One of the top five things that I hear each day is some variation of: “Things are really gonna change with all the growth at Fort Belvoir.” The next sentence says a lot about the perspective of the person making the observation. Some suggest that we’re going to see a wave of office development to provide space for all of the government contractors who will need space here. Some recoil in horror in discussing how horrible the traffic is going to become. Some lament that all of the new employees will push out low-income families from apartments. Some talk hopefully of the shops and restaurants that will follow demand from Belvoir.
All of these sentiments are perfectly valid and understandable. However, they are all overlooking one rather pertinent fact: there is no further growth happening at Fort Belvoir. According to Don Carr, Director of Public Affairs at Fort Belvoir, the Base Realignment and Closure (BRAC) legislation of 2005 mandated that all relocations be completed by September 15, 2011, and that Fort Belvoir met its targets. In other words, the BRAC-ing of Belvoir is now complete. The last item in the pipeline is the National Museum of the U.S. Army, which is still attempting to raise funds and will not open any sooner than 2015.
Now that BRAC has happened, I think it is a good idea to take a look at exactly what has changed at Fort Belvoir over the past six years. First of all, much of what was technically realigned to fall under Fort Belvoir’s command has not actually occurred on the Main Post. Of the 19,300 jobs added to Fort Belvoir, 8,500 are housed at the National Geospatial Agency at Fort Belvoir’s North Area in Springfield, 6,400 are at Mark Center in Alexandria City, and 1,000 are actually at Rivanna Station outside of Charlottesville.
Doing the math, the net gain at Fort Belvoir’s Main Post, which begins to the east of Telegraph Road, was actually just 3,400 jobs. Of these, about 2,000 are associated with the new Fort Belvoir Community Hospital, which has partially replaced functions that were at Walter Reed Hospital in the District. The rest of the “new” jobs at Belvoir are mainly from the relocation of various Army offices from leased office spaces elsewhere in metro DC. While there may not be that many new jobs at the Main Post, they tend to be high paying medical and professional jobs.
Given all of the above information I believe that there are four critically important conclusions to be drawn:
- The growth from the 2005 BRAC round at Fort Belvoir is done, and there will not be any more jobs added there in the immediate future.
- The 3,400 jobs added at the Main Post have certainly added to the area’s traffic problems, but they alone did not cause the problems, especially since many of the jobs at the hospital are second and third-shift positions.
- While these jobs are new to Fort Belvoir, they are not new to the metro area, so few of the employees have actually picked up and moved their households as of yet.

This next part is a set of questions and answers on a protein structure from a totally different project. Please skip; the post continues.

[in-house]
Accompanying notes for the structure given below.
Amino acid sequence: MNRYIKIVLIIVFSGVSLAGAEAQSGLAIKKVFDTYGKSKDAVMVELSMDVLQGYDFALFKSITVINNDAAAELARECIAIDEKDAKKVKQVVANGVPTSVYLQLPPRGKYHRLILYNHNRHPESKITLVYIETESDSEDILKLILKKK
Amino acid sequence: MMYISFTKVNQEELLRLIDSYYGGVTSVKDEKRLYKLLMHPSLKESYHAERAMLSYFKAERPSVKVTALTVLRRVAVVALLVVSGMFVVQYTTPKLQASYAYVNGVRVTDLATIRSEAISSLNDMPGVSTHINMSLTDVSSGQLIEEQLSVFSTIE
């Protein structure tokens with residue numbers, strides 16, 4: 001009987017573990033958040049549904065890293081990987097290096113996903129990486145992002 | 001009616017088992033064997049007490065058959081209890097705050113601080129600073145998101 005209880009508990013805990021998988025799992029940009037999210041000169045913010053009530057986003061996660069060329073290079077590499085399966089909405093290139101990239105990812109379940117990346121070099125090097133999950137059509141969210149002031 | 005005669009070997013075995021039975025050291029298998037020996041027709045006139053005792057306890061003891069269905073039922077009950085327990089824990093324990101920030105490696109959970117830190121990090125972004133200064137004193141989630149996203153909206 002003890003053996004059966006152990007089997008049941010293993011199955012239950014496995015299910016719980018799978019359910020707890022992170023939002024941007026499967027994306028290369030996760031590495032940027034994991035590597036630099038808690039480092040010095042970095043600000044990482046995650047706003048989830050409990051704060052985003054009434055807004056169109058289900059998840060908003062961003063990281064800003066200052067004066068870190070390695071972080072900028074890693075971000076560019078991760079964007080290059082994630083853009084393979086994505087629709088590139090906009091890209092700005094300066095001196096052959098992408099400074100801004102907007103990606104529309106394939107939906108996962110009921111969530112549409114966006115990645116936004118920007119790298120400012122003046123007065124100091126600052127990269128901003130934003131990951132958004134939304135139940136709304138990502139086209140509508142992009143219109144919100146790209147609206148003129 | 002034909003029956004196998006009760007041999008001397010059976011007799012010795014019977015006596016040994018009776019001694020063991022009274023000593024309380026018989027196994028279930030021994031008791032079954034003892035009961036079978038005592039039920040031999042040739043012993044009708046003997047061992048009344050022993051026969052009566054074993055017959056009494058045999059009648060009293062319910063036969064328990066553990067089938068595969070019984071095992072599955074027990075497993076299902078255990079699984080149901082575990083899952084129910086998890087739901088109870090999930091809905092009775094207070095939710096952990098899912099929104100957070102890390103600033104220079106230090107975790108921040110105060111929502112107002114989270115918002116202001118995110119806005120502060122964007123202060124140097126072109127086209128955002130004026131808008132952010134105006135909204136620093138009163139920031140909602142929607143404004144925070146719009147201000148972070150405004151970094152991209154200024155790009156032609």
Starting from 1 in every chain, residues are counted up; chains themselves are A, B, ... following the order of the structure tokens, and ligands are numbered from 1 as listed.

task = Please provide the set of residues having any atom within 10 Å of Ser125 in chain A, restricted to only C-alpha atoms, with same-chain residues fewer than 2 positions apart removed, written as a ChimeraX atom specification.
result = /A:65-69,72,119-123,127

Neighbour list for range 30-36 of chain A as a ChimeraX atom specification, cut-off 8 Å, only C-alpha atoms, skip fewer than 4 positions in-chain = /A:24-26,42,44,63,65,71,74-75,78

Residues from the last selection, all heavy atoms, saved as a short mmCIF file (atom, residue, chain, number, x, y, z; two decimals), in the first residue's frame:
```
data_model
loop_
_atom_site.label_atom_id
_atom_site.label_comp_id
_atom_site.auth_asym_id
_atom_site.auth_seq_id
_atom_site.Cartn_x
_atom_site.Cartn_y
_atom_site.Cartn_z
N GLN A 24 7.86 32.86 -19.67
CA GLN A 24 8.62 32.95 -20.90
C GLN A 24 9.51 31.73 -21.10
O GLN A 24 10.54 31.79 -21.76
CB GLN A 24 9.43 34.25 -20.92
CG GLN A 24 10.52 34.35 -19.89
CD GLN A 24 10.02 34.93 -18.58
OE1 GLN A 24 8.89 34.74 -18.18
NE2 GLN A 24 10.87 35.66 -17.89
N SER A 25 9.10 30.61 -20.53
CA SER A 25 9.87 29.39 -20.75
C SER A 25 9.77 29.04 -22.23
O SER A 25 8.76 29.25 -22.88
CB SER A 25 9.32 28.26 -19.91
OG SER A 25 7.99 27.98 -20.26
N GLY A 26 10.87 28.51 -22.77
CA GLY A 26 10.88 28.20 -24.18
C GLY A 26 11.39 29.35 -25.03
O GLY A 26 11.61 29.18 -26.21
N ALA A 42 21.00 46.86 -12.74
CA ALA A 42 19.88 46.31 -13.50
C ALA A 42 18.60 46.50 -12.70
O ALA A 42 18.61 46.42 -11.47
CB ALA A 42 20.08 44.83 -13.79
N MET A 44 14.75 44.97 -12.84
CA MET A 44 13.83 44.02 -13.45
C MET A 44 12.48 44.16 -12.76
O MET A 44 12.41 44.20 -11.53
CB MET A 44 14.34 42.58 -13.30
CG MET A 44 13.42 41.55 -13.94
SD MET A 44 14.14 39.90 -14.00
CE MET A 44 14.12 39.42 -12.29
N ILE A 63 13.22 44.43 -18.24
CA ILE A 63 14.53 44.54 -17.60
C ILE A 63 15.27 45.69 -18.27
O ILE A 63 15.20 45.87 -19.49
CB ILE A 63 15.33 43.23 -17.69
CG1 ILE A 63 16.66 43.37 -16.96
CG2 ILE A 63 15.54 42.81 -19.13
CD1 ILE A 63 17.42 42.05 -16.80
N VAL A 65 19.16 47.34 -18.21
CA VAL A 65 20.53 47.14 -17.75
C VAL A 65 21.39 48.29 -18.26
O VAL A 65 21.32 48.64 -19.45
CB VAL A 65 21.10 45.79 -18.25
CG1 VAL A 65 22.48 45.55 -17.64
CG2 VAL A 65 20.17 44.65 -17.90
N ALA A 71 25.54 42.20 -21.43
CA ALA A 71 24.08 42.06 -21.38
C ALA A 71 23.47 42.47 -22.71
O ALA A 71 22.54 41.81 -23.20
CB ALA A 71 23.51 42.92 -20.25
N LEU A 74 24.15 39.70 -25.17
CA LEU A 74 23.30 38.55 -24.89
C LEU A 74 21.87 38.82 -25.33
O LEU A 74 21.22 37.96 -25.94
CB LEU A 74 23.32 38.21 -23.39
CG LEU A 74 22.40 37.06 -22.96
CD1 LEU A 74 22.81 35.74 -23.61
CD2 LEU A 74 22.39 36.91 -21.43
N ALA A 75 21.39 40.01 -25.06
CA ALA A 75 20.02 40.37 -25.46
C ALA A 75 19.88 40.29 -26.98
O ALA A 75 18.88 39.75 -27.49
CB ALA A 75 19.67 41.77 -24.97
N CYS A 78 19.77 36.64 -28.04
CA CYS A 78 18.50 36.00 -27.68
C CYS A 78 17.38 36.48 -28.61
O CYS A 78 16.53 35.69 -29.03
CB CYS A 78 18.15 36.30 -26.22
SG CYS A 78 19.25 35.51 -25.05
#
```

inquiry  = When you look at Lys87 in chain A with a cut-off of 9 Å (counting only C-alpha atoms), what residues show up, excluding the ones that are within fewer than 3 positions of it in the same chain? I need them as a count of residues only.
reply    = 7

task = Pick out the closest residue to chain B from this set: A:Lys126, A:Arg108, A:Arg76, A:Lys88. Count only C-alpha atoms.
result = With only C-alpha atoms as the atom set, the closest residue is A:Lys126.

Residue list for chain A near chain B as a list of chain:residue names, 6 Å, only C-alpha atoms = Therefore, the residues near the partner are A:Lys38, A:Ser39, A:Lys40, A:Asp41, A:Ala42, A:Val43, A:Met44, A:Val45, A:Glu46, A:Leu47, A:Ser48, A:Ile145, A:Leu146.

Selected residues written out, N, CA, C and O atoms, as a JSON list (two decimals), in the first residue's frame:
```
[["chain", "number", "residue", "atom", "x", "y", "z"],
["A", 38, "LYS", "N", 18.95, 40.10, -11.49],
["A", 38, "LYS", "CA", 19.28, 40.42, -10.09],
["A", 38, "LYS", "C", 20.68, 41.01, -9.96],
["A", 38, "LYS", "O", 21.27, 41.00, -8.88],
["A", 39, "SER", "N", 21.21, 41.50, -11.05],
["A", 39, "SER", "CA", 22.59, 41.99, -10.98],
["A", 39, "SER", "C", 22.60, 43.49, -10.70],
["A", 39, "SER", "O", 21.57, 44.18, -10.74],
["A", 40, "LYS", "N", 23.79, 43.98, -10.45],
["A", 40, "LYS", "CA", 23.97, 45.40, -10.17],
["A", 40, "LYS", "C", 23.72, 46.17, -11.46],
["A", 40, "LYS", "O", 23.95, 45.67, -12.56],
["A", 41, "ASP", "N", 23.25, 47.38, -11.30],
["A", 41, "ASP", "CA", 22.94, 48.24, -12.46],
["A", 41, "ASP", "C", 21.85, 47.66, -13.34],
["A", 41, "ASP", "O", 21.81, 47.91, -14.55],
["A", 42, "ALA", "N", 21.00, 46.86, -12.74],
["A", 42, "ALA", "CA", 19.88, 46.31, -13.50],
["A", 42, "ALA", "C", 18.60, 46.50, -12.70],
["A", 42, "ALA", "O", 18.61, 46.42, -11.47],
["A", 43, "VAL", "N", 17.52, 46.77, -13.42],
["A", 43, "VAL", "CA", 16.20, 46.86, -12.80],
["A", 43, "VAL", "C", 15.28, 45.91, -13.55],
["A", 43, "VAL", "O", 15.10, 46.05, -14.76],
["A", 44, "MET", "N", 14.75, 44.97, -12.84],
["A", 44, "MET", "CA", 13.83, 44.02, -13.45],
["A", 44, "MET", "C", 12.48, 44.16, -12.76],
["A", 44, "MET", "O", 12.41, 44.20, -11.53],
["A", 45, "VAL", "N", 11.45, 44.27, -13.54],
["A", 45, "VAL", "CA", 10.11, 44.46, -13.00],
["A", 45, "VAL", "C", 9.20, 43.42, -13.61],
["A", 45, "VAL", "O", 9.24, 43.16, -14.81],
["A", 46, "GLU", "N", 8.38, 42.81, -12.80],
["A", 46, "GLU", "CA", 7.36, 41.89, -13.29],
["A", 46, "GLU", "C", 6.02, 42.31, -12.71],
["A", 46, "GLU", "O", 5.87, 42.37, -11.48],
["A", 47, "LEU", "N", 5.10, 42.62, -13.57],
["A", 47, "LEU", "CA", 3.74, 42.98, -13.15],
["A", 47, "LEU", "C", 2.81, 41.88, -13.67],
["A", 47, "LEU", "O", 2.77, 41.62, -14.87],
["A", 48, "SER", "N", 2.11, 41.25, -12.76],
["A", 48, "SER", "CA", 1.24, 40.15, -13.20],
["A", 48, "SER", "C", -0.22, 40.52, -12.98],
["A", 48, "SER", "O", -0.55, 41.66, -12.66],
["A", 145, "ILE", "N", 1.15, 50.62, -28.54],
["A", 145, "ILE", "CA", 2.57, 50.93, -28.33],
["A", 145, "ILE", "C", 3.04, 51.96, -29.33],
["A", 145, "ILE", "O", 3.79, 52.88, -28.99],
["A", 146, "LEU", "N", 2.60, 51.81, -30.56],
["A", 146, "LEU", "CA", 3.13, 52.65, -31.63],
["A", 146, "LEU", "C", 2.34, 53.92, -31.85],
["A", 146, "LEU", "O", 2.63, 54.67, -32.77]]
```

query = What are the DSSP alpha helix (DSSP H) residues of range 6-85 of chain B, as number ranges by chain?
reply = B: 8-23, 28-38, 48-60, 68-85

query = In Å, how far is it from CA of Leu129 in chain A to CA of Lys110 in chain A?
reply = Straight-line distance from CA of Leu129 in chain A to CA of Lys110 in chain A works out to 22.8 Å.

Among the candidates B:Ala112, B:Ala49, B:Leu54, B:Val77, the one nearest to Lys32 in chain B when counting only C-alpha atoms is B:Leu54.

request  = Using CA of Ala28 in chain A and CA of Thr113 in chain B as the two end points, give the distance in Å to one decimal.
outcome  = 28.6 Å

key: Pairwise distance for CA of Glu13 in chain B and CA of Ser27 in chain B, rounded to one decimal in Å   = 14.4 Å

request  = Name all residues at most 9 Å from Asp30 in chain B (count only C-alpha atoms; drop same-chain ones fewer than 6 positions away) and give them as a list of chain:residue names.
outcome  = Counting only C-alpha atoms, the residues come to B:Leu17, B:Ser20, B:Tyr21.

- Government contractors have not beaten down the door to locate offices on Richmond Highway since all functions moved to Main Post already existed somewhere else in the DC area, and even those that are moving are more drawn to areas like Springfield that are directly along I-95.
If I haven’t beaten my point to death enough, let me try this: the tree (BRAC) has already fallen in the forest (Richmond Highway), but the community doesn’t seem to have heard it.
So now that the tree has fallen, what will its repercussions be for the Richmond Highway corridor? I see the following effects continuing to ripple through the community in the next few years:
- A slight easing of traffic when Mulligan Road opens in 2013 followed by significant improvements when the widening of Route 1 from Woodlawn to Telegraph Road is completed in 2015.
- Continued demand for hotel rooms from the families of active and retired soldiers being treated at the hospital, visiting Army personnel, students at the on-post training centers, and, eventually, from the Army Museum.
- A slow but steady increase in demand for better quality housing in the local area as current employees retire or shift jobs and are replaced by new employees with good salaries who want to live closer to work.
- Some demand for better shopping and dining options in the Woodlawn area driven by the influx of hotel guests and more affluent households, but not a massive groundswell.
- A modest amount of demand for office space on Richmond Highway from small contractors looking to take advantage of one of the area’s key economic development advantages: it is the home of the only two Historically Underutilized Business (HUB) Zones in Northern Virginia, in which small businesses can get preferred treatment for certain contracts.
I will conclude by issuing a mea culpa on behalf of SFDC, albeit for things said long before I arrived. Until we updated it this afternoon, our own website continued to hint that the BRAC round at Fort Belvoir could drive demand for as much as 7 million square feet of office development in the area. That figure was actually based on the entirety of the Fort Belvoir expansion, including Mark Center, the North Area, and Rivanna Station.
I think it is fair to say that BRAC did not have the effects on the Richmond Highway corridor that many people expected or hoped to see. Still, it has already had significant impacts on the economic prospects of the area and should continue to do so as Belvoir employees continue to move to the area, the Army Museum opens, and the long-awaited widening of Richmond Highway is completed.